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Occupy Wall Street Takes Up NBA Cause
NEW YORK (CAP) - As basketball fans find themselves facing a shortened NBA season because owners and players are deadlocked over labor negotiations comes word that some protestors with Occupy Wall Street are moving their base of operations to the location of those labor talks. Dubbed Occupy Locker Room, the splinter group hopes to help put an end to the lockout that threatens to derail the entire 2011-12 season.
"We are here today because we agree that 30 men should not be controlling the wealth of hundreds of NBA stars," said one demonstrator named Randy through a rolled-up paper bullhorn. "These are regular players trying to feed their illegitimate children, trying to pay the mortgage on their two or three oceanfront homes, trying to survive this economy just like baseball players and football players."
As the smell of scores of people who hadn't showered in weeks wafted above the crowd, scraggly-faced demonstrators took to a makeshift stage to implore others in attendance to unite their voices and "speak for the downtrodden basketball player who can't speak for himself because he's holed up in his personal gym getting in shape for a season that might never happen."
"We're not here for the Tim Duncans making millions while averaging less than 14 points and nine rebounds per game," Randy shouted to the crowd. "We're here for the rookie forward who rides the bench and is lucky to grab five minutes a game.
"Because do you know how he spends those other 43 minutes?" Randy added as he rolled up a new bullhorn because his first one was soggy with spittle. "He spends them wondering how he's going to make ends meet on an NBA minimum salary of $473,604 - that's how!"
While the NBA players' union has yet to release a formal statement regarding Occupy Locker Room's efforts, many players leaving the negotiations have given the throng a thumbs-up as a show of thanks. Amar'e Stoudemire even high-fived a couple protestors as he headed off to his waiting limo, en route to the 34th Street Foot Locker for the debut of his new Nike Air Max shoe. Demonstrators say it's small gestures like these that keep them going on a daily basis.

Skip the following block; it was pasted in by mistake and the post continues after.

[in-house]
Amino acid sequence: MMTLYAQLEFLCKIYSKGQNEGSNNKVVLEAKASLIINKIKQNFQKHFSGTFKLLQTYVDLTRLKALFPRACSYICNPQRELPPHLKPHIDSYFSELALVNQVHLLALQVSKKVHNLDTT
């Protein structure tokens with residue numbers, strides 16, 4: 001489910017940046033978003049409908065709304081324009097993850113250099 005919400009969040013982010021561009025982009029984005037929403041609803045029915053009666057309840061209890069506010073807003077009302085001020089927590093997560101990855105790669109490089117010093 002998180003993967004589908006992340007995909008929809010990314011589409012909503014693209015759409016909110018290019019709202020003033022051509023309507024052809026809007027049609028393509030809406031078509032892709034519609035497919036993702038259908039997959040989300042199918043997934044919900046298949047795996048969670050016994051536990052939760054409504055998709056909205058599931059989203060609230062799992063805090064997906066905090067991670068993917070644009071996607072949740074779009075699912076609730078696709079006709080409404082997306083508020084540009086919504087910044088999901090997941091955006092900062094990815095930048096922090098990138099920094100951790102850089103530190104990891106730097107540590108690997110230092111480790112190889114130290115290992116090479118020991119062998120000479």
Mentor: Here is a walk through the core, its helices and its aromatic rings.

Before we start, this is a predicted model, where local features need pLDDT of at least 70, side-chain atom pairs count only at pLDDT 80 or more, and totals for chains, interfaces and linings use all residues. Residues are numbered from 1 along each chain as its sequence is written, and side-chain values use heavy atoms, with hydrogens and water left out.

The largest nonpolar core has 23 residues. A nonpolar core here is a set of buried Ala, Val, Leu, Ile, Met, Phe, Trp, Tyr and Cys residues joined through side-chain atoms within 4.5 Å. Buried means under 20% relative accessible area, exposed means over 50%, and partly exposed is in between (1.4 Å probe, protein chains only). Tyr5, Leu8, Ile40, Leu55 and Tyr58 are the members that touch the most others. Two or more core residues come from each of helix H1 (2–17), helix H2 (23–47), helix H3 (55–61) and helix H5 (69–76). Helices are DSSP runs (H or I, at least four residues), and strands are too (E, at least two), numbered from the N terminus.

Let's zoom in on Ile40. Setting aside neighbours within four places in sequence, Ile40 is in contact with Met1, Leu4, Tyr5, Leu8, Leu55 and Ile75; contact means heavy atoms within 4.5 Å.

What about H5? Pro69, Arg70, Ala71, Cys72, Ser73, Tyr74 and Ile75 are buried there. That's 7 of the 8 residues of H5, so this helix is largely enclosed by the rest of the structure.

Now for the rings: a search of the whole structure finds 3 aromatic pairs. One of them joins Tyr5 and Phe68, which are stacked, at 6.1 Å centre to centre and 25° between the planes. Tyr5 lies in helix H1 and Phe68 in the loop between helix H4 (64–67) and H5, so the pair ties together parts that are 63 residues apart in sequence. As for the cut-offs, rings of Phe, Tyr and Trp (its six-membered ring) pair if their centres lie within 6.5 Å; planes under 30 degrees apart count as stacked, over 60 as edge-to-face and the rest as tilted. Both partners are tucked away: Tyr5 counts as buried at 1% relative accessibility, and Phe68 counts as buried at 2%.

"Through our efforts over on Wall Street, we've seen the price of gas come down, mortgage rates drop - I'm sure we can handle a piddly luxury tax gap between players and owners," said Chuck, another demonstrator. "All we need is a hastily written sign and a catchy rhyme.
"Anybody got anything that rhymes with Nowitzki?" Chuck tossed out to the crowd.
Members of Occupy Locker Room say they are in for the long haul and won't leave until such a time as the two sides have reached an agreement and the lockout is lifted. Many said they felt comfortable that the Occupy Wall Street protest would continue to gain momentum without their presence, especially considering the addition of such celebrity heavyweights as Al Sharpton, Russell Simmons and Kanye West.
In related news, the 'occupy' phenomenon continues to gain momentum elsewhere as well, with factions of nerds and other less popular students launching Occupy Playground protests in schools around the nation to speak out against the unfair bullying tactics that lead to being shoved in lockers or dunked in toilets.
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